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Neonatal Research

The University of Mississippi's Division of Newborn Medicine is actively engaged in research. Our goals are to integrate basic science research into clinical medicine and to promote the basis for scientific investigation, study design, and the analysis and reporting of study results for all throughout the state. The neonatology division is nationally recognized for pioneering research that has contributed to advancement of science in the field of developmental neurobiology. In addition, our program provides unique opportunities for clinical/translational research and quality improvement projects in a variety of fields. These include projects, such as investigating the effects of IUGR on hypoxic-ischemic brain injury, or leading quality improvement projects, such as the "golden hour" in the NICU.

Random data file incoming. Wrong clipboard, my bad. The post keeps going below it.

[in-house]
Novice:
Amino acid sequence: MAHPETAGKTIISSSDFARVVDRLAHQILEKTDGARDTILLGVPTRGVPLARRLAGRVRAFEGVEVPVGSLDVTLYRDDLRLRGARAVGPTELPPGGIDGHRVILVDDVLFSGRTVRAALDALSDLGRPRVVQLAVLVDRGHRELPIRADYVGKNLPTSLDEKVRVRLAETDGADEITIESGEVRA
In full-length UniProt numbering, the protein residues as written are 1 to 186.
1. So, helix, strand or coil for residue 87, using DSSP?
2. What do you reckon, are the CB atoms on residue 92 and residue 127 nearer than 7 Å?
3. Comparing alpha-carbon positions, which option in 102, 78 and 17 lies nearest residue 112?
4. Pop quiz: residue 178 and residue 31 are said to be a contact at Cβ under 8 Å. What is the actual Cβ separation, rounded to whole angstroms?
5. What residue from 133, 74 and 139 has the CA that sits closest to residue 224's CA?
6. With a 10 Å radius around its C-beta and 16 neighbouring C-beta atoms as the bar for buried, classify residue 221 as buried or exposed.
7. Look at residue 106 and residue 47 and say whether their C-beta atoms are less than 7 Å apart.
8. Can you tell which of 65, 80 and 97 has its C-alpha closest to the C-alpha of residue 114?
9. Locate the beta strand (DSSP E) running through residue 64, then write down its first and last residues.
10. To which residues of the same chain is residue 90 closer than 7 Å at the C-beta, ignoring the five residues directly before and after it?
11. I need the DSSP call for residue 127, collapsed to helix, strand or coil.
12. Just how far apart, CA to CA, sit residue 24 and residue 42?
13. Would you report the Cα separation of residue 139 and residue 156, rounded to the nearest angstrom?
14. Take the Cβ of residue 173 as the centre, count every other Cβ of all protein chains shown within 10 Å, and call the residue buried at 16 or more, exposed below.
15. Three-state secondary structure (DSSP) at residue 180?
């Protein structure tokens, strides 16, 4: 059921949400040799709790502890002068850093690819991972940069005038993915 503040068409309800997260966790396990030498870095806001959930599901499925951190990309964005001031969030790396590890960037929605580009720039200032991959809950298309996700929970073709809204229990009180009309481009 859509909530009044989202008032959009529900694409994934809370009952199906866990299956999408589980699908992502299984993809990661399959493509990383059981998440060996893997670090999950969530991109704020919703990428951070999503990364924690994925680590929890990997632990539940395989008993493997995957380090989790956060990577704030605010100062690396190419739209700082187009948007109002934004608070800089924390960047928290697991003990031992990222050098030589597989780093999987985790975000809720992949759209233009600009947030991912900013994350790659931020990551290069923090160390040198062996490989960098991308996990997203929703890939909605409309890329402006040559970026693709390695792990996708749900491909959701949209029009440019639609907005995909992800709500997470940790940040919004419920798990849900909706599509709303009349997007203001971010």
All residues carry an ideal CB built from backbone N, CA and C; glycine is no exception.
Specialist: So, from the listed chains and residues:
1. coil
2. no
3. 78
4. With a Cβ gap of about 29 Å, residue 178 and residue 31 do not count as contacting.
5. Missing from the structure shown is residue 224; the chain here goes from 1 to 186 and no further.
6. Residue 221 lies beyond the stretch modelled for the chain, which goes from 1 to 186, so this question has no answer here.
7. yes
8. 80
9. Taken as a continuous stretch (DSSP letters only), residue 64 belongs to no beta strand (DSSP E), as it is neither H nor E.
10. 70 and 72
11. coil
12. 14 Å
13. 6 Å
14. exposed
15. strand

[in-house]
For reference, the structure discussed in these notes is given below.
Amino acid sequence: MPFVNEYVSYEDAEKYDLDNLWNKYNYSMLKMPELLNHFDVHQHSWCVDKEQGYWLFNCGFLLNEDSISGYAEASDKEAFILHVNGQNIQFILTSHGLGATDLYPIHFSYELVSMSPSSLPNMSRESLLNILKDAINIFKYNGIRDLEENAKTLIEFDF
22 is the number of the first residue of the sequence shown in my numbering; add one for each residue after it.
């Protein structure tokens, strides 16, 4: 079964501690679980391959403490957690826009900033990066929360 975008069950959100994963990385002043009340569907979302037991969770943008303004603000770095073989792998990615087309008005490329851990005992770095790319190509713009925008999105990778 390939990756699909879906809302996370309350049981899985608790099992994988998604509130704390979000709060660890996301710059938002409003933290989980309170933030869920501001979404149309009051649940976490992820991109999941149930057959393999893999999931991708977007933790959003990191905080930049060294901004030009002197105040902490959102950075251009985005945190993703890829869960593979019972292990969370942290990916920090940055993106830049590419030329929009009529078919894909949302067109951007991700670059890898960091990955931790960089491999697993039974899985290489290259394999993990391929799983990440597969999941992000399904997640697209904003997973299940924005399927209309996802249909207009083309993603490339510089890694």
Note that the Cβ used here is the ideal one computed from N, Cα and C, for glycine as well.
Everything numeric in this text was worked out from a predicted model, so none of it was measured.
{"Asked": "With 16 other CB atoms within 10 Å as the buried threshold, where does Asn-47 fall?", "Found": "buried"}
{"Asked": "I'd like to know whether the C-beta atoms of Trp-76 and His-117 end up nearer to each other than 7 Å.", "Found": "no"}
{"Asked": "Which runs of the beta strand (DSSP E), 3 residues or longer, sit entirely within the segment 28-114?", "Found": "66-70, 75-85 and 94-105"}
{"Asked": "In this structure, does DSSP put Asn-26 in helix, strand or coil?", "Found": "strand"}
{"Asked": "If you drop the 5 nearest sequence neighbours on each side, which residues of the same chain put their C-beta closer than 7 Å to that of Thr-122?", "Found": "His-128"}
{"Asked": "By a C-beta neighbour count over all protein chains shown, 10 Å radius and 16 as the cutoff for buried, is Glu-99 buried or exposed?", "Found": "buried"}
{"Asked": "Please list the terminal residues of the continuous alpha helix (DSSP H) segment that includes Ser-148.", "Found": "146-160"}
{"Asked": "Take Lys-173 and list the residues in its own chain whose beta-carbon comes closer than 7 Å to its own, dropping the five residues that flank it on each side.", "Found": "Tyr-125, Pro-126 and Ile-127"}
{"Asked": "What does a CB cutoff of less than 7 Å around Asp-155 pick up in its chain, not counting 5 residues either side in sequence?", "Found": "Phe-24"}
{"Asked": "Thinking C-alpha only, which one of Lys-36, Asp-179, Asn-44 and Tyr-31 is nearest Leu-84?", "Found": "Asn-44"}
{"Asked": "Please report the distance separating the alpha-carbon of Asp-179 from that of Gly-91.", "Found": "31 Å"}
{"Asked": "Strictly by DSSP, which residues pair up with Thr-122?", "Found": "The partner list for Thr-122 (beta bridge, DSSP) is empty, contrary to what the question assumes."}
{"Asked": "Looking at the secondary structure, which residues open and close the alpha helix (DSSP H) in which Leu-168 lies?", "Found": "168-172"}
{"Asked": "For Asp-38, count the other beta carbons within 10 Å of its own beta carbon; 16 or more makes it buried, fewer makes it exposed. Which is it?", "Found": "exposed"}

Patient-oriented research

As Mississippi's only Children's Hospital, Children's of Mississippi has the state's only Level IV academic newborn/neonatal facility and is devoted to the health and well-being of the newborn. This NICU provides comprehensive care for babies delivered at our hospital as well as for those transferred from other hospitals in Mississippi and neighboring states. 

Developmental neurobiology research

The Division of Newborn Medicine investigators seek a better understanding of brain injury in premature infants caused by adverse perinatal environmental factors, such as inflammation, hypoxia-ischemia, corticosteroid exposure, and hyper-oxygenation, among others. 

Developmental origins of chronic diseases

Influences that occur during early life, including preconception, fetal life or birth, exert a long-term impact on an individual's health across their lifespan. Research into how chronic disease has its origins during development was first initiated by Dr. David Barker, who noted that low birth weight increased the risk for coronary heart disease in later life. The developmental origins of health and disease is a very active area of research that is dedicated to investigating how fetal exposure to adverse influences during early life can have a long-term impact on the later health and disease of an individual. The Division of Newborn Medicine leads the research in this area with a strong collaboration with the Physiology department at the UMMC.